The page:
I can’t sleep — How can I get more sleep?


Melissa Killeen

Sleep has a potent effect on the addicted brain

There are many tools available to a recovery coach. Information on the importance of sleep is one of them. Sleep is a necessity for everyone, including those in recovery from addiction. In fact, successful recovery and practicing healthy sleep habits are inseparable. Sleep has a potent effect on the addicted brain, proving to be one of the most influential factors in successful recovery.

Dr Ralph Carson, author of The Brain Fix, describes why proper sleep is crucial while recovering from addiction. He explains that for addicts in an inpatient treatment program, it’s paramount that individuals be prepared to accept new concepts, embrace a different lifestyle, and apply their creativity to this recovery challenge. The effectiveness of treatment is compromised if people aren’t getting quality sleep and thus don’t wake up feeling refreshed, responsive, positive, and committed to the hard work of recovery.

Of special interest to those in recovery, sleep impacts the pre-frontal cortex of the brain. Sleep removes neural toxins from the brain, which provides the brain the opportunity to re-organize the information that it has learned. Addiction negatively affects the pre-frontal cortex of the brain, leading to many problems, including compulsivity, impulsivity and most of all, impaired judgment. Strengthening this part of the brain is an essential part of the recovery process and strengthening the pre-frontal cortex involves getting enough sleep to clear out the neural toxins accumulated during the day.

Psychologist Jack Edinger, Ph.D., of the VA Medical Center in Durham, North Carolina, and Professor of Psychiatry and Behavioral Sciences at Duke University, cautions that treating depression usually doesn’t resolve sleep difficulties. From his clinical experience, he has found that most patients with depression should be checked for insomnia and should be examined for specific behaviors and thoughts that may perpetuate the sleep problems. When people develop insomnia, they try to self-regulate or compensate by engaging in activities to help them get more sleep. Maybe they sleep later in the mornings or spend excessive times in bed or nap. These efforts usually appear as depression and are not helpful in resolving insomnia.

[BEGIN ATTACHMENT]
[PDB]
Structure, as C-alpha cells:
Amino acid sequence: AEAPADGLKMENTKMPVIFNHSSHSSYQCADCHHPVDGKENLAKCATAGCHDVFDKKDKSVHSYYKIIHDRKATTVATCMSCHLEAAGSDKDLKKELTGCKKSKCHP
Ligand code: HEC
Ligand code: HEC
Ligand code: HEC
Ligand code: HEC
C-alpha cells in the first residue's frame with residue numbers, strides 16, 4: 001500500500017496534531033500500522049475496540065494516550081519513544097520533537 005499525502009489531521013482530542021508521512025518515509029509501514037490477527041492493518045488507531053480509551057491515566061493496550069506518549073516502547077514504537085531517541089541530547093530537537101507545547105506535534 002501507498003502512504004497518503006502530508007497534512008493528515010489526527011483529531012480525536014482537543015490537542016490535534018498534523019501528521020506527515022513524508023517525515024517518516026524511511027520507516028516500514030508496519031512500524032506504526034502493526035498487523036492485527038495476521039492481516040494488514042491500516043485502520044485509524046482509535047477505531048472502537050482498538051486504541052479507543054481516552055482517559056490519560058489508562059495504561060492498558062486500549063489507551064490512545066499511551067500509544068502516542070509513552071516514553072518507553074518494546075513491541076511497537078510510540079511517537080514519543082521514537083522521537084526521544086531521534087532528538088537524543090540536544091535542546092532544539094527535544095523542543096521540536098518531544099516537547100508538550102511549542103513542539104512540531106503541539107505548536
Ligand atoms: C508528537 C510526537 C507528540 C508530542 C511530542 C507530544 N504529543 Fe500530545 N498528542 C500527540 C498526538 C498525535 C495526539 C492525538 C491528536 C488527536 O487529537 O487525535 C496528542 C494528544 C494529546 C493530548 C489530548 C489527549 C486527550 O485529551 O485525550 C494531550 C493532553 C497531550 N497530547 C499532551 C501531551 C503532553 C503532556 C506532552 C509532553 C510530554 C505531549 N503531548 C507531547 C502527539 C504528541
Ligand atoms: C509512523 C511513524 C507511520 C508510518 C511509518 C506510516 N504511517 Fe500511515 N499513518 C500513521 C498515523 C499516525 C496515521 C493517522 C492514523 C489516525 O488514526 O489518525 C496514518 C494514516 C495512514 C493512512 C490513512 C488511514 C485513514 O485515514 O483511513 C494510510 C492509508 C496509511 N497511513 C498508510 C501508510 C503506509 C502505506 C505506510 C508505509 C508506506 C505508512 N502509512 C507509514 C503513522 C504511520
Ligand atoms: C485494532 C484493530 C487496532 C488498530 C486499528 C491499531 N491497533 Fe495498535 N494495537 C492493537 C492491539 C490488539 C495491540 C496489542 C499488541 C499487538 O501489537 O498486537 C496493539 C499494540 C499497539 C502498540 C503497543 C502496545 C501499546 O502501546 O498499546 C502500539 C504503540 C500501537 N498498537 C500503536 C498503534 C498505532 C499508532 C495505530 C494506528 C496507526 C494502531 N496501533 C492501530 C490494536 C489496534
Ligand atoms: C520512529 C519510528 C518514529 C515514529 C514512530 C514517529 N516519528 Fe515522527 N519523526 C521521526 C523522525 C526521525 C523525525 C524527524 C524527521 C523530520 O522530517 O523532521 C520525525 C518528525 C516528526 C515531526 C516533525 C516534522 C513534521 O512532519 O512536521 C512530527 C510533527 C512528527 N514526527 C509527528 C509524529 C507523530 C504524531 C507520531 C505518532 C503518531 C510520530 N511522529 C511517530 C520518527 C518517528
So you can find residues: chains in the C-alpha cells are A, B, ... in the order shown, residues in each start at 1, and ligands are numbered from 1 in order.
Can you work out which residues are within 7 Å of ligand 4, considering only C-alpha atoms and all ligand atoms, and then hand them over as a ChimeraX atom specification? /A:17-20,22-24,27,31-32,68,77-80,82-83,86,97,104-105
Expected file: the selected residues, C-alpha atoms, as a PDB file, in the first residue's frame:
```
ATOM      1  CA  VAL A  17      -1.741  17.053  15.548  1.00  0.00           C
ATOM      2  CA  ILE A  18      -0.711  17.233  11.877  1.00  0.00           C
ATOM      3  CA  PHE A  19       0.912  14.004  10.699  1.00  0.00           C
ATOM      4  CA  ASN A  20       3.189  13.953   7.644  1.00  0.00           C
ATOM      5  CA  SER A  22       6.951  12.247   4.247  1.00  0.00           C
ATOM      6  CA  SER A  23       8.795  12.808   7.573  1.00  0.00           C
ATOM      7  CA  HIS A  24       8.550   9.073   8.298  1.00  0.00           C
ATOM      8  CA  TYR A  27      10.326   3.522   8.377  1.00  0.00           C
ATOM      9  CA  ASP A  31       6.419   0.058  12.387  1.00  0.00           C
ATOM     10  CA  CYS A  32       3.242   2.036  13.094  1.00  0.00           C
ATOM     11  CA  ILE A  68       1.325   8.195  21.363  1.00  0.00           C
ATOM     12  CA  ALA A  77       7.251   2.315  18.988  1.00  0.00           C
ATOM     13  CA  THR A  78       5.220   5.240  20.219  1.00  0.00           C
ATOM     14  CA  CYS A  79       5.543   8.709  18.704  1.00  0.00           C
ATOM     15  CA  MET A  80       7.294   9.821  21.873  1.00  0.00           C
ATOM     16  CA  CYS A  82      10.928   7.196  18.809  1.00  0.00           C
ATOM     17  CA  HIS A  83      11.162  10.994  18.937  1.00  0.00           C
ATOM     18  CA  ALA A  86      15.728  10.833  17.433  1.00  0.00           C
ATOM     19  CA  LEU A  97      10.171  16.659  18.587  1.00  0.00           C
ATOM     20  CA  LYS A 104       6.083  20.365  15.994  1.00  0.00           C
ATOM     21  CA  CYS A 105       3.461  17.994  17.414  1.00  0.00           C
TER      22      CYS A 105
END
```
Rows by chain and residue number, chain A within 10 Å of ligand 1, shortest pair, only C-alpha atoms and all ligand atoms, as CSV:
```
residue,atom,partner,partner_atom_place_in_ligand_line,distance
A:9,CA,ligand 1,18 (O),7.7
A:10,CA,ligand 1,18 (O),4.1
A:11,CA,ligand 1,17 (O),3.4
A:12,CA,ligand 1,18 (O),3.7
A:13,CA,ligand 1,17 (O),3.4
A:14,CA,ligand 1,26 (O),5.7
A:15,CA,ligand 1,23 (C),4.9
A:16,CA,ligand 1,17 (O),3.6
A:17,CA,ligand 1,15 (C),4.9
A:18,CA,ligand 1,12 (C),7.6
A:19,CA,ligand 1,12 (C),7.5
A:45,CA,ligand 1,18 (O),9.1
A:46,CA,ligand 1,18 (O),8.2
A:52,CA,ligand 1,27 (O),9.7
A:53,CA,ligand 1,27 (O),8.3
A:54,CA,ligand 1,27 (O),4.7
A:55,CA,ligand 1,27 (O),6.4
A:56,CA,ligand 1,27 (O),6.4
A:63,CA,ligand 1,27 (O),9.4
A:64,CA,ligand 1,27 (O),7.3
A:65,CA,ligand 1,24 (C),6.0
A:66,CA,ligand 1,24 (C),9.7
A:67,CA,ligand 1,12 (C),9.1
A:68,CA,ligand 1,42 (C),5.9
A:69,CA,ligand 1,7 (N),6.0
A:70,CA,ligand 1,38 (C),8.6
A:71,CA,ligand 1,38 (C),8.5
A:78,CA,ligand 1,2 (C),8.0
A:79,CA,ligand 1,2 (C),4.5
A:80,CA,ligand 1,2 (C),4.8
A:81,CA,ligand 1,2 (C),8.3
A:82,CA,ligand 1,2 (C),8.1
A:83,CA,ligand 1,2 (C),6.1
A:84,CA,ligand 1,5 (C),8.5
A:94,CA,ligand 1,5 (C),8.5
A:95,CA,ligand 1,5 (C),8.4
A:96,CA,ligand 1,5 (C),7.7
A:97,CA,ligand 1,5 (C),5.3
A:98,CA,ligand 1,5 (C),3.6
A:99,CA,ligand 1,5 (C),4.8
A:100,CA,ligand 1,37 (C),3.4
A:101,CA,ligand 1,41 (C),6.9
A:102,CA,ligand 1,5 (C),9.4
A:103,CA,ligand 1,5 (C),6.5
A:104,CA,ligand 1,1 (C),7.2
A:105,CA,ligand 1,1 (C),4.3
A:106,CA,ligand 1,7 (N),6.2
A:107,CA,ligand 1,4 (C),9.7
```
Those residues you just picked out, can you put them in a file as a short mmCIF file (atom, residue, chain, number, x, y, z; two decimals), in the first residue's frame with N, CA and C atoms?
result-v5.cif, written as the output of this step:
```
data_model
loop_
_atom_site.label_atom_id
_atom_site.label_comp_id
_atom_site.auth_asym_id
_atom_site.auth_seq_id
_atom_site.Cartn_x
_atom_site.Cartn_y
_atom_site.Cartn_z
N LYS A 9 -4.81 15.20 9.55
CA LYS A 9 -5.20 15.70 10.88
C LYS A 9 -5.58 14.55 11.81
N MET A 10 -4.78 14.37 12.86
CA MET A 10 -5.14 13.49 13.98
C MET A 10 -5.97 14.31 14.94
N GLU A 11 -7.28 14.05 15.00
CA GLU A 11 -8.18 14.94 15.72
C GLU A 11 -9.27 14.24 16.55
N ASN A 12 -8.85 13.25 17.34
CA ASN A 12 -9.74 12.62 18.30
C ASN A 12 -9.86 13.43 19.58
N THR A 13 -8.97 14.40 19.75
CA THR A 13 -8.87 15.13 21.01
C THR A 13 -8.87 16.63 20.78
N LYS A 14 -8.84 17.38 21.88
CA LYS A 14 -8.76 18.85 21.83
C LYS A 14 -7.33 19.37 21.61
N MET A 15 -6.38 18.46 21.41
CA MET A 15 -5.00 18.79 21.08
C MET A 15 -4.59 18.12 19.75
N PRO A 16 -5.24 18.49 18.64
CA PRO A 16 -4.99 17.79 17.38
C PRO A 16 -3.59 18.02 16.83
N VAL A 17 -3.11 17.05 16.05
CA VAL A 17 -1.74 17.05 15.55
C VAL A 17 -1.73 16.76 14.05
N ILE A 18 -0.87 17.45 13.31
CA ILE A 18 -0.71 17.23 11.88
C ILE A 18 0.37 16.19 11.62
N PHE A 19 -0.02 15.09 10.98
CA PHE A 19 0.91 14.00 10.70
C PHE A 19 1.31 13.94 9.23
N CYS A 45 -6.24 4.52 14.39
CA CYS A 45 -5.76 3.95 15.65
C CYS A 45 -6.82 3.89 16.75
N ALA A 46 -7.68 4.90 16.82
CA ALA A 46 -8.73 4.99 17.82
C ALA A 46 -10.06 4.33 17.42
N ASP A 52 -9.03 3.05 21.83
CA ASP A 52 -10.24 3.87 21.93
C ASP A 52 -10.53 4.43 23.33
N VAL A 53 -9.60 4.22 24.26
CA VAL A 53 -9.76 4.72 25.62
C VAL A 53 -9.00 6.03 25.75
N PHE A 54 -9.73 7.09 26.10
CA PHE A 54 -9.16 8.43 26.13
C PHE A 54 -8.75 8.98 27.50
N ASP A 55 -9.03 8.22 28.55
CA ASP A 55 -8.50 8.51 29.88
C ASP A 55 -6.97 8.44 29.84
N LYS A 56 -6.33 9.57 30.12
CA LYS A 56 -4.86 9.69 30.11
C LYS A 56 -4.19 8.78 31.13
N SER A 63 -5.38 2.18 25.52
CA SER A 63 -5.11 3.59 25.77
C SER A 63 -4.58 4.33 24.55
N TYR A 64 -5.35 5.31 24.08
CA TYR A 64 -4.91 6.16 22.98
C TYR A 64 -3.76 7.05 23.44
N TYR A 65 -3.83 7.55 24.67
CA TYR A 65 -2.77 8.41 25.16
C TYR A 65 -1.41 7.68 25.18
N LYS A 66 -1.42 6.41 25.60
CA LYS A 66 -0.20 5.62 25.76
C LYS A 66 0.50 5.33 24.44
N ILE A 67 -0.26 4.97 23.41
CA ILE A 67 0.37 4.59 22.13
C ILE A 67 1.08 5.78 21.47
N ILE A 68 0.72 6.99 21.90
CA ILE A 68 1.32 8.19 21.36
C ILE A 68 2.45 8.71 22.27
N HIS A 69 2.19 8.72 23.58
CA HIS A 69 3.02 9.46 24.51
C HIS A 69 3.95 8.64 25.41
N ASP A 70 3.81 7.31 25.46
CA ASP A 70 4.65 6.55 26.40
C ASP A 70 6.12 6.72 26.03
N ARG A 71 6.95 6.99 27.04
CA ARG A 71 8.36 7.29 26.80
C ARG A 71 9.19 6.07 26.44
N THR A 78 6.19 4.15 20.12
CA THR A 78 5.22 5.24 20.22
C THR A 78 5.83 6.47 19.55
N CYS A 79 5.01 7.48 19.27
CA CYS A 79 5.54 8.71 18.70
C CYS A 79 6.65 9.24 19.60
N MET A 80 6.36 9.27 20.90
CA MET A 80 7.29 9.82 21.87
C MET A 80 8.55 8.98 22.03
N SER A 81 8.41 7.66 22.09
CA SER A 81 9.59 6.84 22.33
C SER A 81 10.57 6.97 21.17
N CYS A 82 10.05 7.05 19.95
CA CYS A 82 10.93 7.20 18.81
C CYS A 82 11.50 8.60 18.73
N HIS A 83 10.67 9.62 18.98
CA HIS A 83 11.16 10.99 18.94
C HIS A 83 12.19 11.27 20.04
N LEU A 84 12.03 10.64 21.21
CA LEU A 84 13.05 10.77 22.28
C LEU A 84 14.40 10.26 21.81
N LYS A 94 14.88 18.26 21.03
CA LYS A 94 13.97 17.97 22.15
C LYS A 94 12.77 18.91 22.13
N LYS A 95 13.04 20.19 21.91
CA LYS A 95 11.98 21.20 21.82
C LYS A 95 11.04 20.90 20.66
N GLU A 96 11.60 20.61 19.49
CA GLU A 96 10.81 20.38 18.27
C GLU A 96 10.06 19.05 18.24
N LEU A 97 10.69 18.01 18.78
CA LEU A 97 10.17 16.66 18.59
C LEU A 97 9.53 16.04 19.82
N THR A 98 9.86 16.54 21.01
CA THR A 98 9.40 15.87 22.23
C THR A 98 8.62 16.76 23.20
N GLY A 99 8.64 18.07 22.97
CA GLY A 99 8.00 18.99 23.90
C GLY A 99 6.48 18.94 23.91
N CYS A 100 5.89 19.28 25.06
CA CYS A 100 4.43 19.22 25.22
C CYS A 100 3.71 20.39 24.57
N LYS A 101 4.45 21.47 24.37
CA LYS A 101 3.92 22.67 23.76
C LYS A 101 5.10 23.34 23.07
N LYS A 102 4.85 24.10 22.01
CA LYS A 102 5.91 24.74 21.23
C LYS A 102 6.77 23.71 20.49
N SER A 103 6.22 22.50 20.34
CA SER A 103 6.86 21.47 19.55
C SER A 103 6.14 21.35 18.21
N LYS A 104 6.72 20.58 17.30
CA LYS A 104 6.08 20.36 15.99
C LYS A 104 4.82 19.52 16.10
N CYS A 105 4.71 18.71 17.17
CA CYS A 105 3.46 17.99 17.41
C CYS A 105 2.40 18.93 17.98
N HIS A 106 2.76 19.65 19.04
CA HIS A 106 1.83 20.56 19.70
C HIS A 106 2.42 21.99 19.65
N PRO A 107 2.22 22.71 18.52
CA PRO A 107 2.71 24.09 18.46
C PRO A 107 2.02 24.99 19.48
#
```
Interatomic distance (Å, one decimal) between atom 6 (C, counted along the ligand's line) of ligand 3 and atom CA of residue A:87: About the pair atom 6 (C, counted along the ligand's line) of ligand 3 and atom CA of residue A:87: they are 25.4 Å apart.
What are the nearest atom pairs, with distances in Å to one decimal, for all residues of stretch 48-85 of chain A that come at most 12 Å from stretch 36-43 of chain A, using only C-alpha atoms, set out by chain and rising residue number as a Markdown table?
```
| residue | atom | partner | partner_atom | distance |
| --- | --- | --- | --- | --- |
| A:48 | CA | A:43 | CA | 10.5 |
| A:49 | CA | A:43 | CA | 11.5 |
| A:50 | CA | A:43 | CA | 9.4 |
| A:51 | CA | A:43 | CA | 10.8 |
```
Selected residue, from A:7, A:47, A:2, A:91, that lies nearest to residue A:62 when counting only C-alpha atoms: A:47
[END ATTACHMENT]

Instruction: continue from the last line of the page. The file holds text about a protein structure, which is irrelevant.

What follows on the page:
According to sleep researchers, a night’s sleep is divided into five continually shifting stages, defined by the types of brain waves that reflect either lighter or deeper sleep. Toward morning, there is an increase in rapid eye movement, or REM sleep, when the muscles are relaxed and dreaming occurs, and recent memories may be consolidated in the brain. Experts say that hitting a snooze alarm over and over again to wake up is not the best way to feel rested. “The restorative value of rest is diminished, especially when the increments are short,” says psychologist Edward Stepanski, Ph.D. who has studied sleep fragmentation at the Rush University Medical Center in Chicago. This on-and-off-again effect of dozing and waking causes shifts in the brain-wave patterns. Sleep-deprived snooze-button addicts are likely to shorten their quota of REM sleep, impairing their mental functioning during the day.

Cognitive behavioral therapy and sleeping

From his clinical Cognitive Behavioral Therapy (CBT) work and research on sleep, psychologist Charles M. Morin, Ph.D., a Professor in the Psychology Department and Director of the Sleep Disorders Center at University Laval in Quebec, Canada, says that ten percent of adults suffer from chronic insomnia. In a National Sleep Foundation study released in the recent issue of the Sleep Medicine Alert, Morin outlines how CBT helps people overcome insomnia. Clinicians use sleep diaries to get an accurate picture of someone’s sleep patterns. Bedtime, waking time, time to fall asleep, number and durations of awakening, actual sleep time and quality of sleep are documented by the person suffering from insomnia.